How to find business funding
Are you struggling to find small business funding? If so, you're among the many others who are at a loss as to how to source suitable financing. Since SMEs make up 99% of UK businesses (source: House of Commons 2014) and contribute billions to the economy, this is concerning.
The problem stems from a decrease in lending from traditional finance providers like the high street banks, yet many business owners don't realize there’s a huge diversity of funding options available to them – from unsecured business loans to start-up grants, from peer-to-peer funding to pension-led finance. Or if they do, they're daunted by the seeming complexity of the funding landscape.
Reports of a recent rise in lending from banks and the extension of The Bank of England’s Funding for Lending Scheme (FLS) until 2018, makes for encouraging news for small businesses. Although the banks might not be the most suitable route to finance due to strict lending criteria, they're still worth considering. Let’s take a look the options...
This is a good option for a relatively small amount like £1,500. You only pay interest on the amount you use – if you go into your £1,500 overdraft by £500, you only pay interest on the £500. They’re generally quick and easy to set up and you can also renegotiate and extend your overdraft if you need to.
The downside includes high interest rates, and you might have to pay an arrangement fee and / or an annual fee, such as 1.5% of your overdraft limit. Finally, some overdrafts require security, bringing the risk of asset repossession if you’re unable to make payments.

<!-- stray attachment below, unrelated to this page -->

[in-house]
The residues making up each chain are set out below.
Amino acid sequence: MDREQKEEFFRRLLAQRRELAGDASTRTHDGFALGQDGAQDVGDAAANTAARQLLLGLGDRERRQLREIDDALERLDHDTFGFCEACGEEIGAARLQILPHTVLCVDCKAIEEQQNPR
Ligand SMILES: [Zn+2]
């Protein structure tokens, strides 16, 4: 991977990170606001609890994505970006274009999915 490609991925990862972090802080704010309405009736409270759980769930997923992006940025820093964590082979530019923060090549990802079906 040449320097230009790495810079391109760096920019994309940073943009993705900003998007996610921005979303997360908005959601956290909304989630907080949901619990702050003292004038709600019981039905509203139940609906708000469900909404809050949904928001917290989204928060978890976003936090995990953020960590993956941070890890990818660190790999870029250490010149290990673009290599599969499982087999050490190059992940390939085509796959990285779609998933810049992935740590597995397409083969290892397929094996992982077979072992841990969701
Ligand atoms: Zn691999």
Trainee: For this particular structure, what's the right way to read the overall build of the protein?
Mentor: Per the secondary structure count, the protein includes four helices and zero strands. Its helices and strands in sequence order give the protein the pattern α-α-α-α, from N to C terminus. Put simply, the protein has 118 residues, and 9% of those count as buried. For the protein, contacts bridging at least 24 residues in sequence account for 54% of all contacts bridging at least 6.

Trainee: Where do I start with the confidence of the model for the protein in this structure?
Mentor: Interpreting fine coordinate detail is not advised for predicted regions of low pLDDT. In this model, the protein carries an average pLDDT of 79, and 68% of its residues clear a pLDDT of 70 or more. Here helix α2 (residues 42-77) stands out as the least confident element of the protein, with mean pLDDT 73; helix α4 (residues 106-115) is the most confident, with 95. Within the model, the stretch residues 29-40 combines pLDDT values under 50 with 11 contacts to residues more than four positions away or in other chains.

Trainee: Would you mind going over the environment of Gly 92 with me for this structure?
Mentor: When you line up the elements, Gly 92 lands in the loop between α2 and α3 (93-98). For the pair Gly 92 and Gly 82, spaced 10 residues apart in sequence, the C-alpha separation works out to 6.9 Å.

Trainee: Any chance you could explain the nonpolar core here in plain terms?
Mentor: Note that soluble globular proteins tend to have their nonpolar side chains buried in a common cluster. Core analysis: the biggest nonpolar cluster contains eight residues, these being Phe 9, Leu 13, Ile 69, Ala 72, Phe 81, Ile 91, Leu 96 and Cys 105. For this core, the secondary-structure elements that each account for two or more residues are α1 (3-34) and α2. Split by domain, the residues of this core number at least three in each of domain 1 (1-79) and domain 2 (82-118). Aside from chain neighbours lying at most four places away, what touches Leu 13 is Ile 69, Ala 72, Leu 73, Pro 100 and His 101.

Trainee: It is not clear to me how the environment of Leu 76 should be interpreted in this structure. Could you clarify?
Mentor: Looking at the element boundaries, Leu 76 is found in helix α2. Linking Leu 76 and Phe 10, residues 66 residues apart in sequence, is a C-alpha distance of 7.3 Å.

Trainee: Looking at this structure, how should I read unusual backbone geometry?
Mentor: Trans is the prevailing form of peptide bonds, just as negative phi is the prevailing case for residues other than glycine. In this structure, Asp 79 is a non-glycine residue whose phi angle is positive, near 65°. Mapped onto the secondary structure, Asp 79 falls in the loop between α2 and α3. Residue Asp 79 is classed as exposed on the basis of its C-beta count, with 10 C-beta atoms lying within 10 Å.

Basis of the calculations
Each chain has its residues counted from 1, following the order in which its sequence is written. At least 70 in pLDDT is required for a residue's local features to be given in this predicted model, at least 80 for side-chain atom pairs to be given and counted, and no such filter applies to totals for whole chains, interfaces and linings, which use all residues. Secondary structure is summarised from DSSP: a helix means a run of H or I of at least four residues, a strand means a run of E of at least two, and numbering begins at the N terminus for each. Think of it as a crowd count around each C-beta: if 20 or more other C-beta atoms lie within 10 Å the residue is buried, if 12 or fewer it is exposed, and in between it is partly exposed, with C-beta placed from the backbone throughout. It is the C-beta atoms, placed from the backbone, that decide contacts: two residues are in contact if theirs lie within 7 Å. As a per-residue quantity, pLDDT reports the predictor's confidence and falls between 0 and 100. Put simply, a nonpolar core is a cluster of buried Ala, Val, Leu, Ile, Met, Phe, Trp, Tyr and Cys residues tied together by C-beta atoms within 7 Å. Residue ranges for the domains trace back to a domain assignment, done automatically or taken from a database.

Bank business loans are available on a fixed or variable interest rate. The fixed-rate loan provides stability for budgeting and planning, but should interest rates fall, you could end up paying above average rates. The variable option could work for you, as long as the Bank of England’s base rate is low. Banks offer:
- Small bank loans – Typically range from £1,000 to £25,000. Speak your branch’s business manager to find out how you much you could borrow and lending requirements.
- Large bank loans – Beginning at £25,000 and exceeding £1 million, larger loans can be perfect for major investments like expansion or recruitment. This level of borrowing will require security which startups and smaller ventures might struggle to provide.